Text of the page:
Nepal | August 07, 2020

India’s new Home Affairs Minister Amit Shah: In his own words

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Amit Shah signs documents after taking his oath as a cabinet minister during a swearing-in ceremony at the presidential palace in New Delhi, India May 30, 2019. Photo: Reuters

NEW DELHI: Amit Shah, president of the ruling Bharatiya Janata Party, was appointed as India’s home affairs minister by Prime Minister Narendra Modi on Friday.

Here are a selection of his views, taken from newspaper interviews and speeches:

On his upbringing Shas said, “Yes, it’s true that I have never seen economic deprivation. I was born in a rich family and brought up that way too. I have not seen a cash crunch. But, I firmly believe that whether you come from a traditionally rich family or poor family, what matters more for one’s progress in politics is your sentiments for the people, your talent and a constant belief in your convictions.”

On ancient Indian teacher Chanakya: “His sutras (aphorisms) are eternal. Economics, politics, the problem of governance are all there.”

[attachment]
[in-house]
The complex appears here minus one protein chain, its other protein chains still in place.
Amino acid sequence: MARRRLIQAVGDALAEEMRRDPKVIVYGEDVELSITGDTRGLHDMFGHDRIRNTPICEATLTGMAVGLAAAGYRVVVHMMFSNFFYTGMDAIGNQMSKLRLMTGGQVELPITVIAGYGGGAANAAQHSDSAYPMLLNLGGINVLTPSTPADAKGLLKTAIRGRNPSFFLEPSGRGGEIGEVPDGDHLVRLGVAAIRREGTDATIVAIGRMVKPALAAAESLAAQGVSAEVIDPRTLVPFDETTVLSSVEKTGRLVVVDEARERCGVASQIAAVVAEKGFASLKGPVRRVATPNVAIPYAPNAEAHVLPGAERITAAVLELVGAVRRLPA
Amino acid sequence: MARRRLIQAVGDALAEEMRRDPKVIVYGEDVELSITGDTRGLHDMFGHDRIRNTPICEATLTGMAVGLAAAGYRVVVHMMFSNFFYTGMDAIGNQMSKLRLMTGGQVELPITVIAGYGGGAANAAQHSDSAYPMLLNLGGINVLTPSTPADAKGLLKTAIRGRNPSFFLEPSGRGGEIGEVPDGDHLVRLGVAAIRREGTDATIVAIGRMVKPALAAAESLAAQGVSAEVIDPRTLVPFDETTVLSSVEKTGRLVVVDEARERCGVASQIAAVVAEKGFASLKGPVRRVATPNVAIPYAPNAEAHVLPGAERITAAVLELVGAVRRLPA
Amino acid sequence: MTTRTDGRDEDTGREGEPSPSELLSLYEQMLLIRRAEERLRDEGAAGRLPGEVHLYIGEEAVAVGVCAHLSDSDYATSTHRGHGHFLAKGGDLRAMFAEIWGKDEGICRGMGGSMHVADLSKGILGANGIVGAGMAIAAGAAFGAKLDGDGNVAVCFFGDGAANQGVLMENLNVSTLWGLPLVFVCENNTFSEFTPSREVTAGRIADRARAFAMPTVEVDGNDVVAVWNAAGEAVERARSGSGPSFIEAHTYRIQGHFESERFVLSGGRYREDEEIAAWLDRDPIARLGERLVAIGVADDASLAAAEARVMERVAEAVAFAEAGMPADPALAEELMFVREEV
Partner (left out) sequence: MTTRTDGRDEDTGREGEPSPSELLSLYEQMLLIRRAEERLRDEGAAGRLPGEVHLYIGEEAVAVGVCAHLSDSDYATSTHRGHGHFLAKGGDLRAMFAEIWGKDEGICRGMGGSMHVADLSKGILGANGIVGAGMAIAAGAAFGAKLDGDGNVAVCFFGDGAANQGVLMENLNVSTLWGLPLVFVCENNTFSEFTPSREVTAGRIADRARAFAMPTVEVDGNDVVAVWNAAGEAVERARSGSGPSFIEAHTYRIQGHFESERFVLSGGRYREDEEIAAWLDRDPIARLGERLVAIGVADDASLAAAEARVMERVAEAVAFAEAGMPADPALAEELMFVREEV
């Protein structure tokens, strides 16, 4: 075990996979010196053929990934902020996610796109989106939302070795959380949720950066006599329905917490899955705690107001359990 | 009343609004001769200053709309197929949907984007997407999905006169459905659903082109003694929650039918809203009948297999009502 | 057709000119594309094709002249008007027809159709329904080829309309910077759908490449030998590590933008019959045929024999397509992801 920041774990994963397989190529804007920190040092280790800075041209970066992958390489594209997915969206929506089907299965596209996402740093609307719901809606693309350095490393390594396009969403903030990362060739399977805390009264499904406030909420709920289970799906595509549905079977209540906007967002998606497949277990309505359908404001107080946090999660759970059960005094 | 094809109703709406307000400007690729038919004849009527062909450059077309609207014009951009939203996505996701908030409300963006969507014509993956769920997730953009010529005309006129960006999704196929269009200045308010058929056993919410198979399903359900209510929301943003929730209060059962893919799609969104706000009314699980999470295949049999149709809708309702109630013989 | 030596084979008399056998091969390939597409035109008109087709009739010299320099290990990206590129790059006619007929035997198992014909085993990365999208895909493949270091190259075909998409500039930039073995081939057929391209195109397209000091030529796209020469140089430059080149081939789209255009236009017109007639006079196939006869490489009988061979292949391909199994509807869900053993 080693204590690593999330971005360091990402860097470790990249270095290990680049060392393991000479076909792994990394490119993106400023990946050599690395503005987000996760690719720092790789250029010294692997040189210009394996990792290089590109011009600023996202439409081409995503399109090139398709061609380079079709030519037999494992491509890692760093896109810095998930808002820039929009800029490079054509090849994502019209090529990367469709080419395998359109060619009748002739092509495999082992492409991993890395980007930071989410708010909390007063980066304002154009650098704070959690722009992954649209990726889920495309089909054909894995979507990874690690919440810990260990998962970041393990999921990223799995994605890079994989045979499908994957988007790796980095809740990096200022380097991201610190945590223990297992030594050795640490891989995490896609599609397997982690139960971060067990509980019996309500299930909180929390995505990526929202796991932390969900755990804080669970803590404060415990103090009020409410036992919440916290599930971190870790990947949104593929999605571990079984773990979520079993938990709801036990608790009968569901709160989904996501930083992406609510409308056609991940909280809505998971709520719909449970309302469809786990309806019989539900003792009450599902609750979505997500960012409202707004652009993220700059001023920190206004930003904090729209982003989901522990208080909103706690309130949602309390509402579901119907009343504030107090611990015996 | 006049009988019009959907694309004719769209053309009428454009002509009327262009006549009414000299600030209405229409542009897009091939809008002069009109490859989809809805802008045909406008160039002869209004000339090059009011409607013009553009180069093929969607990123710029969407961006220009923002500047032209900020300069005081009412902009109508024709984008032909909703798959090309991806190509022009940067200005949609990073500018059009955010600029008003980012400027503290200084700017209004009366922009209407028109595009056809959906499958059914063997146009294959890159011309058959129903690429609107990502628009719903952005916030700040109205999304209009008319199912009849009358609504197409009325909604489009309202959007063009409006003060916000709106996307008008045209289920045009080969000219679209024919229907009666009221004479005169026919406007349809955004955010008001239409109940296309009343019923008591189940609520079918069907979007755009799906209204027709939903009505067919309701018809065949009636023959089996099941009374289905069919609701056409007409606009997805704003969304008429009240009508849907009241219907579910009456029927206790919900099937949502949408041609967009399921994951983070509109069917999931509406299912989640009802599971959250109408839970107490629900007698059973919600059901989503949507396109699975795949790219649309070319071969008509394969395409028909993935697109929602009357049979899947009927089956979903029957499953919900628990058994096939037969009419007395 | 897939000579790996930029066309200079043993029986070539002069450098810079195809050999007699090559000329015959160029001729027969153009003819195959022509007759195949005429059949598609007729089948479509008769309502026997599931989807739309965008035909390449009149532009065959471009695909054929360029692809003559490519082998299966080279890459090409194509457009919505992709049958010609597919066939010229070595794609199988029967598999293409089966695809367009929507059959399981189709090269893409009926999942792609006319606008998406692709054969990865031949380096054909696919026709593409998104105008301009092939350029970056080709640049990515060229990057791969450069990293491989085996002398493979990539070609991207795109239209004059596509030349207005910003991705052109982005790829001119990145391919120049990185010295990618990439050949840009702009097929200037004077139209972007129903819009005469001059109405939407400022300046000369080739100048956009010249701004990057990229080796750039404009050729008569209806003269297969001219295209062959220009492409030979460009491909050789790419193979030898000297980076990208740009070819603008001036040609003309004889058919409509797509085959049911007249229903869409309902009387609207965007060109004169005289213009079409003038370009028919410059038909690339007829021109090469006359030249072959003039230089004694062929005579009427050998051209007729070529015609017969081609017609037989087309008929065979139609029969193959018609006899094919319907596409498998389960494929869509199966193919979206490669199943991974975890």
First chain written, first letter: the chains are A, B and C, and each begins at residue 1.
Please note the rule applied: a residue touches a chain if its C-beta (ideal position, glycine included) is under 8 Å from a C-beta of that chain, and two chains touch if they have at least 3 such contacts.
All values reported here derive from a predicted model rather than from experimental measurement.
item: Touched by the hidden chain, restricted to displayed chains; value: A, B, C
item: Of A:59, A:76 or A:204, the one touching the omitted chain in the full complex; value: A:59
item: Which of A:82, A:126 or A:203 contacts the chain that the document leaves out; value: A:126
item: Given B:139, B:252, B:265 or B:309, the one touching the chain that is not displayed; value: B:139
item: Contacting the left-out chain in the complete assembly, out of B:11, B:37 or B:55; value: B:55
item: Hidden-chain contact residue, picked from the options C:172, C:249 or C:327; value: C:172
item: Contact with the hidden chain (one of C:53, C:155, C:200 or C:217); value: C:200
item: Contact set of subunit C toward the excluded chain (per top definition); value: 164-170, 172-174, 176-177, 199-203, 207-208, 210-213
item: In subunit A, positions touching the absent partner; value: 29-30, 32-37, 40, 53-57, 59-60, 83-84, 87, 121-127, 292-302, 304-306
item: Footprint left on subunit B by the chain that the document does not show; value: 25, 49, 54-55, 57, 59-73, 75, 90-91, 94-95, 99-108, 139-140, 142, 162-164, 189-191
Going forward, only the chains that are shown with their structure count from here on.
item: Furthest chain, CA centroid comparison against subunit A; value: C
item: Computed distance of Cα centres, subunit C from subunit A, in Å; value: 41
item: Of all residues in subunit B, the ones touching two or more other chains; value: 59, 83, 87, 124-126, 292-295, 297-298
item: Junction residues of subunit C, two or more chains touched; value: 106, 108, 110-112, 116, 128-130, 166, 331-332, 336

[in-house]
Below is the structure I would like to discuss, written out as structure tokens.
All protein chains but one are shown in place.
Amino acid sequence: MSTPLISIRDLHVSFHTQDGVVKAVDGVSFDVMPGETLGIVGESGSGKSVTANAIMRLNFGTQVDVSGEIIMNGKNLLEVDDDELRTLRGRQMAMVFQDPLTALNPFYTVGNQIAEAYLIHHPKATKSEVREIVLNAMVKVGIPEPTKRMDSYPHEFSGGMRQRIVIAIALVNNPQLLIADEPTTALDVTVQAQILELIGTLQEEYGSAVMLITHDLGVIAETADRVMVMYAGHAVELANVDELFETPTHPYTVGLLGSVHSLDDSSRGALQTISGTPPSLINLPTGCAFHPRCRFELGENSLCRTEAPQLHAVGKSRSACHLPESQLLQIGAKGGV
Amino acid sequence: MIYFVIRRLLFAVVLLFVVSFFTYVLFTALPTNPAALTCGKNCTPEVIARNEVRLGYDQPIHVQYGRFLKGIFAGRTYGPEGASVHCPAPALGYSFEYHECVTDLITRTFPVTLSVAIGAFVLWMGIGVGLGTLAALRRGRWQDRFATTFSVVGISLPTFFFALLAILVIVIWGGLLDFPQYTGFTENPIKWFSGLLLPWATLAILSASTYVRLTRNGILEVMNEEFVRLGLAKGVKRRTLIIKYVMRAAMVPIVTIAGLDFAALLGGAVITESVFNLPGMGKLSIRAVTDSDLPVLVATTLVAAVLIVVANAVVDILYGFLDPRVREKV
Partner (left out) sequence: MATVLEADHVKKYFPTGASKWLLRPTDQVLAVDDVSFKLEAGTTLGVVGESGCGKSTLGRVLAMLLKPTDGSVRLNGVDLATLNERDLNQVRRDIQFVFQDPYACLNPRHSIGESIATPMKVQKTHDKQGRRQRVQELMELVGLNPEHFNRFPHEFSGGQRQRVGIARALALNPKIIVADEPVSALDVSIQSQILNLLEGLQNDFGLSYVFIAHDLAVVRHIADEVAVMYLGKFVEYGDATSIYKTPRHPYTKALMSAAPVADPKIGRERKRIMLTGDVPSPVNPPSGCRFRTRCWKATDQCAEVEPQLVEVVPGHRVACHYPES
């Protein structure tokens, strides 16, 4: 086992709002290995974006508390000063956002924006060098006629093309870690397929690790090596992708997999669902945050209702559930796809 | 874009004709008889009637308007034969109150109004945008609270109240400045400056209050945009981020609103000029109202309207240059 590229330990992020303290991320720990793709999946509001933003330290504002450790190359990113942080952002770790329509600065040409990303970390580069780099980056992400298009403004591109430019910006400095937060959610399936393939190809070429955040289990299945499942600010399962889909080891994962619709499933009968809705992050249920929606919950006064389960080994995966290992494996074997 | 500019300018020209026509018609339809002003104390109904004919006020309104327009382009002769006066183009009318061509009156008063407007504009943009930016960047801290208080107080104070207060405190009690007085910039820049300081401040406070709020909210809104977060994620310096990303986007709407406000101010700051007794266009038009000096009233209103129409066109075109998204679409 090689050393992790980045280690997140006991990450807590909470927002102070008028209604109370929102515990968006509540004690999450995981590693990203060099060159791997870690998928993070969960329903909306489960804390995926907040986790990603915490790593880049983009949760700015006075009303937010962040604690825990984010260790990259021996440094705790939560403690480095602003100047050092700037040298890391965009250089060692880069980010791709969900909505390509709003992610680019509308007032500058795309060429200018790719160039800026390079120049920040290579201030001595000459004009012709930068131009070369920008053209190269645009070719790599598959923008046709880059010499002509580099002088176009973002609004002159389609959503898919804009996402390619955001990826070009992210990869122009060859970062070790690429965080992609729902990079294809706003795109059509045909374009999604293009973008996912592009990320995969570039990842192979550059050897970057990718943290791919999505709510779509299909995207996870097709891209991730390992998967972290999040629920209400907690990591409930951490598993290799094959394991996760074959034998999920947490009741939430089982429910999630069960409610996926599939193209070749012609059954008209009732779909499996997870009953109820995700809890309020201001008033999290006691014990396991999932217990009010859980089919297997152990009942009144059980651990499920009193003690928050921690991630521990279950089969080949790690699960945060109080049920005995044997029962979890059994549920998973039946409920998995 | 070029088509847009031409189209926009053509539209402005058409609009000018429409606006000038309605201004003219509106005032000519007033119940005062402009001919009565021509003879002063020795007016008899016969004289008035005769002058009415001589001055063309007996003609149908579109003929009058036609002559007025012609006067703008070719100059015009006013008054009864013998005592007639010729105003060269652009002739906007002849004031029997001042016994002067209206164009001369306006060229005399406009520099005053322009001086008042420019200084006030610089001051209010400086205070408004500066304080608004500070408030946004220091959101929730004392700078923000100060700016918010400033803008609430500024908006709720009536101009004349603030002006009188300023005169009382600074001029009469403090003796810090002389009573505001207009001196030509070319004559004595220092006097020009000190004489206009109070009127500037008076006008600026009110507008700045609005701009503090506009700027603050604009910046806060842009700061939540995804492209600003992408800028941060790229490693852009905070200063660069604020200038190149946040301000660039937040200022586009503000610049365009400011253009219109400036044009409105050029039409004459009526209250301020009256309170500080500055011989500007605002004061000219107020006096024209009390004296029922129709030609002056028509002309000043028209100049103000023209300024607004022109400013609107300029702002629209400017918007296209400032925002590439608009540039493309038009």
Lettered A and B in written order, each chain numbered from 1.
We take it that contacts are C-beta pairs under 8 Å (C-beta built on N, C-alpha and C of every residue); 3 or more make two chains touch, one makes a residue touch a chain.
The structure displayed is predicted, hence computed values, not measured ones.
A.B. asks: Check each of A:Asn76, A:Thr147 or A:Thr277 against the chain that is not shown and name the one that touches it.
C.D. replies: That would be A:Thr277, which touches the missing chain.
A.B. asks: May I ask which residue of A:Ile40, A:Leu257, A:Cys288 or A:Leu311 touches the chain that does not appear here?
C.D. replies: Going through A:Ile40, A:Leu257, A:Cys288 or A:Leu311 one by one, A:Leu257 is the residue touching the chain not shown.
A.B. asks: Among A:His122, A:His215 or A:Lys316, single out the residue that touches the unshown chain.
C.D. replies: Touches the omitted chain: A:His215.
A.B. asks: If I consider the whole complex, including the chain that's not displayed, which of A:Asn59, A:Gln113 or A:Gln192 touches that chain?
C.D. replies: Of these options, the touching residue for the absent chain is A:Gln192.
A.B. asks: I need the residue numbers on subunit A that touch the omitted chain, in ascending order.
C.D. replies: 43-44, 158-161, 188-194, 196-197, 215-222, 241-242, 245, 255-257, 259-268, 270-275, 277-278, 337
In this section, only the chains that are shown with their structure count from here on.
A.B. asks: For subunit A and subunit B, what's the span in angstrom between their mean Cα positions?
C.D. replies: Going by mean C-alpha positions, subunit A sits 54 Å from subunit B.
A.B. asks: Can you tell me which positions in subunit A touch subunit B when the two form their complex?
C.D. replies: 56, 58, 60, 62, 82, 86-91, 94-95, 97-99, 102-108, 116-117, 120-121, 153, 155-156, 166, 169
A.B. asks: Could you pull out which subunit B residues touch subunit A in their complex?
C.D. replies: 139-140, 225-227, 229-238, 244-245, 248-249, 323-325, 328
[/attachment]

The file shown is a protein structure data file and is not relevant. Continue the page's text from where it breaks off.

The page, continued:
On change Shah said, “The old culture in Delhi cannot dominate me. A lot of things have been distorted since 1947: I want to change the political culture of the whole country, the entire system.” (India gained its independence from Britain in 1947)

On illegal Bangladeshi immigrants: “The illegal immigrants are like termites. They are eating the grain that should go to the poor, they are taking our jobs.”

On the slaughter of cows, considered sacred for Hindus, in the most populous Indian state, Uttar Pradesh (UP): “A river of cow, buffalo, and oxen blood has flown in UP. We will create a river of milk and ghee in the state.”

On rallies in a parliamentary constituency with a large Muslim population: “Can’t make out if it’s India or Pakistan.”

On former colonial ruler Great Britain: “It was British invaders who changed our entire education system and the culture of all-round development was lost. It now requires a lot of effort to get out of the glow and glimmer of this education system.”

On demonetisation, when India replaced the majority of its banknotes from circulation in 2016 in a surprise move: “It will greatly benefit the economy. The middle class, the poor and small traders will face no problems.”

On former Prime Minister Manmohan Singh: “You are an economist and we bow before you. We have no issues with the depth of your knowledge and praise it, but a tea seller (current Prime Minster Narendra Modi) did a better job in running the country.”

On the future: “The prime minister has a dream where no one will go hungry, where there will be no corruption, every house will have electricity, clean drinking water, adequate facilities for health and education, and India’s glory is established globally. The BJP government at the centre is moving forward to build such a New India.”


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